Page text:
\begin{equation} \tag{a3} [ D _ { t } , D _ { s } ^ { * } ] = \delta ( t - s ) , [ D _ { t } , D _ { s } ] = [ D _ { t } ^ { * } , D _ { s } ^ { * } ] = 0. \end{equation}

Still informally, this can be achieved as follows. If $f \in \Gamma ( L ^ { 2 } ( \mathbf{R} ) )$, $f = ( f ^ { ( n ) } ) _ { n \in \mathbf{N} _ { 0 } }$, $f ^ { ( n ) } \in L ^ { 2 } \widehat { ( {\bf R} ^ { n } ) }$, set

\begin{equation} \tag{a4} D _ { t }\, f = \left( ( n + 1 )\, f ^ { ( n + 1 ) } ( t , \cdot ) \right) _ { n \in \mathbf{N} _ { 0 } } \end{equation}

and let $D _ { t } ^ { * }$ be the informal adjoint, i.e.

\begin{equation} \tag{a5} D_t^*f = ( 0 , \delta _ { t } \widehat { \bigotimes } f ^ { n } ) _ { n \in \bf N }. \end{equation}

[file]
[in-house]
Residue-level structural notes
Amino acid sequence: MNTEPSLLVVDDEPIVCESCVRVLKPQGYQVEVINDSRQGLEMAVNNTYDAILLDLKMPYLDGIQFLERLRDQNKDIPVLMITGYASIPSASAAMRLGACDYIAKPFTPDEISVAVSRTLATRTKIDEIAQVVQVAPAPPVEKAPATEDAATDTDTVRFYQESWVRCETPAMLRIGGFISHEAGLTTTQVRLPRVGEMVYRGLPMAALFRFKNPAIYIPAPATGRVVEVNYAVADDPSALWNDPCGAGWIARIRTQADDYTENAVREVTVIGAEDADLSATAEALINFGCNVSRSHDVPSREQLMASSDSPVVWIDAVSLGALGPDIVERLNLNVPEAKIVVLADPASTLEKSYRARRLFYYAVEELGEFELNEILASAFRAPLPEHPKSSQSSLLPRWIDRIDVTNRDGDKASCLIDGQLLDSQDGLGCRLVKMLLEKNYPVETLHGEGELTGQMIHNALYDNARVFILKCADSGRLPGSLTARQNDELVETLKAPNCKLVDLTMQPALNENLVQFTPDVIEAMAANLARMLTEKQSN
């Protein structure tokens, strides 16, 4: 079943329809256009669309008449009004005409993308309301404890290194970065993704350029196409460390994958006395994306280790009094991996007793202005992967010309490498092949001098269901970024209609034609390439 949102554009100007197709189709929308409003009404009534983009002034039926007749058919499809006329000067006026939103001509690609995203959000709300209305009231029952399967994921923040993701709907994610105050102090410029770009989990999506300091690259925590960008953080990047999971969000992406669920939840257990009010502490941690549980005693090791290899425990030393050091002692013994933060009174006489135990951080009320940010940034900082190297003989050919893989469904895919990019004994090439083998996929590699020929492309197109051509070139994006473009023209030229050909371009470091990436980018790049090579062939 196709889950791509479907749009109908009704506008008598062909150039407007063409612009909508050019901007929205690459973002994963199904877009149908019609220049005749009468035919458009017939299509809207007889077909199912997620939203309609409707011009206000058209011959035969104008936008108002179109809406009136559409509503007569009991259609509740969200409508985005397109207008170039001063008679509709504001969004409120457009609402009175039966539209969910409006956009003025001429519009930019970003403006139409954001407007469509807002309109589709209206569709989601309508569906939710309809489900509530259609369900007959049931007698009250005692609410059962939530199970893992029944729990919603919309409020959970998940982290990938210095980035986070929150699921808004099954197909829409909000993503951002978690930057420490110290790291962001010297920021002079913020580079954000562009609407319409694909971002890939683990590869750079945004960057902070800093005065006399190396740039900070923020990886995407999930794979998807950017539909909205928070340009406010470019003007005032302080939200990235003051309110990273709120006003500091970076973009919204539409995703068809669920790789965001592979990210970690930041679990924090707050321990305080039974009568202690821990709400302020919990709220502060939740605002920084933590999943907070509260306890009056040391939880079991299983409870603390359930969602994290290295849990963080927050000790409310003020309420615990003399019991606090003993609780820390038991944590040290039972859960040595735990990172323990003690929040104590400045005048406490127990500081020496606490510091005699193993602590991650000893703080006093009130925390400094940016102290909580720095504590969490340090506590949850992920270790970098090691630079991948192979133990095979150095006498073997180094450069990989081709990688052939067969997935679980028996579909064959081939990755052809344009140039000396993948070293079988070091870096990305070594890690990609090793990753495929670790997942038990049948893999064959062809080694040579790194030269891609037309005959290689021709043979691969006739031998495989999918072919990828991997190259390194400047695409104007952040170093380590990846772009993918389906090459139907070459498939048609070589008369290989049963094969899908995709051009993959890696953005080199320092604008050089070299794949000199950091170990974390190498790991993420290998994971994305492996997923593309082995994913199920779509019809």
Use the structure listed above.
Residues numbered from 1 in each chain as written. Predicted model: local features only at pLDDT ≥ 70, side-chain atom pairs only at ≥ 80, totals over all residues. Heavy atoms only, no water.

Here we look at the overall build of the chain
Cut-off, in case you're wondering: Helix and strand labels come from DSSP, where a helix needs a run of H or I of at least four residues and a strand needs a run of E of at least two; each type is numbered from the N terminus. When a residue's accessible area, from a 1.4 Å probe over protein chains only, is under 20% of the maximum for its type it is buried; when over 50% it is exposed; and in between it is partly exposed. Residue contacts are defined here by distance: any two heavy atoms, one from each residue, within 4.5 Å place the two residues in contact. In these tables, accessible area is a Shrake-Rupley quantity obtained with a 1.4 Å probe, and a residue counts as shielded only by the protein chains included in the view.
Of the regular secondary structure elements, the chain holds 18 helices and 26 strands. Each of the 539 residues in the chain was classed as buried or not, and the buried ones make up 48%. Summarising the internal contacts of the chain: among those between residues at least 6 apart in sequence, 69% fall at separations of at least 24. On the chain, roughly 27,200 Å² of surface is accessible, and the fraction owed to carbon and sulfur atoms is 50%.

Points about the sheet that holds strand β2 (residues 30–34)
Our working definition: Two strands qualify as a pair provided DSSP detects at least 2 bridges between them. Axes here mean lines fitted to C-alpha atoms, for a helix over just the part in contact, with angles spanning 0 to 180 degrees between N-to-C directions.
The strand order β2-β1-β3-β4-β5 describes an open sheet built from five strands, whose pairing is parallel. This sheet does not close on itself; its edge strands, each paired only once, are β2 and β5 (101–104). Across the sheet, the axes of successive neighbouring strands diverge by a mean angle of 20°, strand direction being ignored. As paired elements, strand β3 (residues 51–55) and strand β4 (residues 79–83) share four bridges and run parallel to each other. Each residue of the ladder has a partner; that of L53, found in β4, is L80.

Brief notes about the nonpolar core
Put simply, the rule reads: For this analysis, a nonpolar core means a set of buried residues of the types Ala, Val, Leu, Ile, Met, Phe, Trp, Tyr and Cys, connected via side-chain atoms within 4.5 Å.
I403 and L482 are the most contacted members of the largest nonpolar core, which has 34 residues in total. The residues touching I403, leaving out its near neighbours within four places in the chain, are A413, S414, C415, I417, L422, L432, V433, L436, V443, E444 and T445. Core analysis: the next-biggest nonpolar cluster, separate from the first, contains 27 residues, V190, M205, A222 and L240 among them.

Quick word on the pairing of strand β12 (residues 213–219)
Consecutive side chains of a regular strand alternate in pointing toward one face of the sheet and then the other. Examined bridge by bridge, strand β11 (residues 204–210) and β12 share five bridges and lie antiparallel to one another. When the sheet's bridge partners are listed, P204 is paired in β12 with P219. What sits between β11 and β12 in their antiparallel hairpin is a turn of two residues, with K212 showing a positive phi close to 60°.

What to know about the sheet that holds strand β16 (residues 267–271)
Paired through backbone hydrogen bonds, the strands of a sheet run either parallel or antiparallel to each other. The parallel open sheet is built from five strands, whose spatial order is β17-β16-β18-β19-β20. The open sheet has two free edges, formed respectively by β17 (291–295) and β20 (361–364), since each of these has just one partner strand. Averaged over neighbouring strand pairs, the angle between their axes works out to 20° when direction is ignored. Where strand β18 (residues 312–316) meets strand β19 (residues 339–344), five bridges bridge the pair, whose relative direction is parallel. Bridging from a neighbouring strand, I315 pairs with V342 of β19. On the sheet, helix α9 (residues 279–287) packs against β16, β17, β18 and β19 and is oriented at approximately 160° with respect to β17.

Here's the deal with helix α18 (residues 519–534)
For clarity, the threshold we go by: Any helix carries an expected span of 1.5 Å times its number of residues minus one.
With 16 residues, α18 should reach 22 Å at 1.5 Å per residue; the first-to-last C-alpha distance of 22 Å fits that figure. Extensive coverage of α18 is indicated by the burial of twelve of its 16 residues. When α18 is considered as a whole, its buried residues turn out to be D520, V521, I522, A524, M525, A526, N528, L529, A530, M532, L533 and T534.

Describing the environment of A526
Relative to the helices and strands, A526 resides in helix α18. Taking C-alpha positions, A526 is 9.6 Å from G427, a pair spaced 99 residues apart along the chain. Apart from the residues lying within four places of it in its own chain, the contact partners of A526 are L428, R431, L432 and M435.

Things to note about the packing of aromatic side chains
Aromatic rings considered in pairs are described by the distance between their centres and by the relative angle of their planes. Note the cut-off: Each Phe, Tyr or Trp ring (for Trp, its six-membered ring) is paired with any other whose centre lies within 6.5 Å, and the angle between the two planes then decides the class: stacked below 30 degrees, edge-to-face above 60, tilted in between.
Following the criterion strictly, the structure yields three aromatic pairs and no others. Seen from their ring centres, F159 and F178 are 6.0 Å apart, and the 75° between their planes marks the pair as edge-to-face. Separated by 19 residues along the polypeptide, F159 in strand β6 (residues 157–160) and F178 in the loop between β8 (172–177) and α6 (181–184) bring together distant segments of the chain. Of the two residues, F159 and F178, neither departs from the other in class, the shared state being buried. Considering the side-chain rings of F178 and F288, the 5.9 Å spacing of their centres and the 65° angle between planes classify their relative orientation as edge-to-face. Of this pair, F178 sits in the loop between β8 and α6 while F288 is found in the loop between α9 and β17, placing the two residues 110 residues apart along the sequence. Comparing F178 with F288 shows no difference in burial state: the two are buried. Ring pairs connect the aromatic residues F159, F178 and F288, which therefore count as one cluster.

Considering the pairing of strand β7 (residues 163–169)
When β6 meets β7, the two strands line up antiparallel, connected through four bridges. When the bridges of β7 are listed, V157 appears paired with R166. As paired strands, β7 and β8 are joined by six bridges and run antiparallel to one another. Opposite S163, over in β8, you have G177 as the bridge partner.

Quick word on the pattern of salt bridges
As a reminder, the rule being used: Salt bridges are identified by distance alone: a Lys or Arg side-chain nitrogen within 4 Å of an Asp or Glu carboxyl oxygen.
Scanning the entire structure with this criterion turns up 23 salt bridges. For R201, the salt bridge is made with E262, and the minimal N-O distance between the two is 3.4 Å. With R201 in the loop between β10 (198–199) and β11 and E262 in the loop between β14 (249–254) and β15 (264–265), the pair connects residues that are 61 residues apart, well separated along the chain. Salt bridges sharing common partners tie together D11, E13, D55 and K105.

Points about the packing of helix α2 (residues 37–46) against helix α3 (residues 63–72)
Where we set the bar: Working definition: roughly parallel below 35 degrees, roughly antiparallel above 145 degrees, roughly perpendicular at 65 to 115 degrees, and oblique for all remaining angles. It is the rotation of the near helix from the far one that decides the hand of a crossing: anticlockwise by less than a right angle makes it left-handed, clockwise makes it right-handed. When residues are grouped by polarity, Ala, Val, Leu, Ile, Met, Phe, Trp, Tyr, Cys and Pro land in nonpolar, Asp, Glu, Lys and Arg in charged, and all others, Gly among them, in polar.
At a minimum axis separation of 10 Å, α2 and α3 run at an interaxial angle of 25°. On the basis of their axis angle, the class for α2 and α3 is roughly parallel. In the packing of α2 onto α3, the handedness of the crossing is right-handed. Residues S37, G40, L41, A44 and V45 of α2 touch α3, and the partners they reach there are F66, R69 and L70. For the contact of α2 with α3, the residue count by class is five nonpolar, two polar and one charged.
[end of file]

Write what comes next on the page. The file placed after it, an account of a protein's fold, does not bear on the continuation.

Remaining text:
This is made rigorous by introducing a suitable (complete) subspace $\Gamma ^ { + }$ of $\Gamma ( L ^ { 2 } ( \mathbf{R} ) )$ with dual $\Gamma^-$, so that one has a Gel'fand triple $\Gamma ^ { - } \supset \Gamma ( L ^ { 2 } ( \mathbf{R} ) ) \supset \Gamma ^ { + }$ (cf. also Gel'fand representation) whose isomorphic pre-image gives the triple $( L ^ { 2 } ) ^ { - } \supset ( L ^ { 2 } ) \supset ( L ^ { 2 } ) ^ { + }$. For choices of $\Gamma ^ { \pm }$, see e.g. [a5], [a6], [a7], [a8], [a9], [a12]. Then $D _ { t } : \Gamma ^ { + } \rightarrow ( L ^ { 2 } )$, $D _ { t } ^ { * } : ( L ^ { 2 } ) \rightarrow \Gamma ^ { - }$. Denote the corresponding operators on $( L ^ { 2 } ) ^ { + }$ and $( L ^ { 2 } )$ by $\partial_t$ and $\partial _ { t } ^ { * }$, respectively. It turns out that multiplication by white noise is well-defined as an operator from $( L ^ { 2 } ) ^ { + }$ into $( L ^ { 2 } ) ^ { - }$ by $\partial _ { t } ^ { * } + \partial _ { t }$ [a7], [a8], [a9]. In particular, Brownian motion may be defined as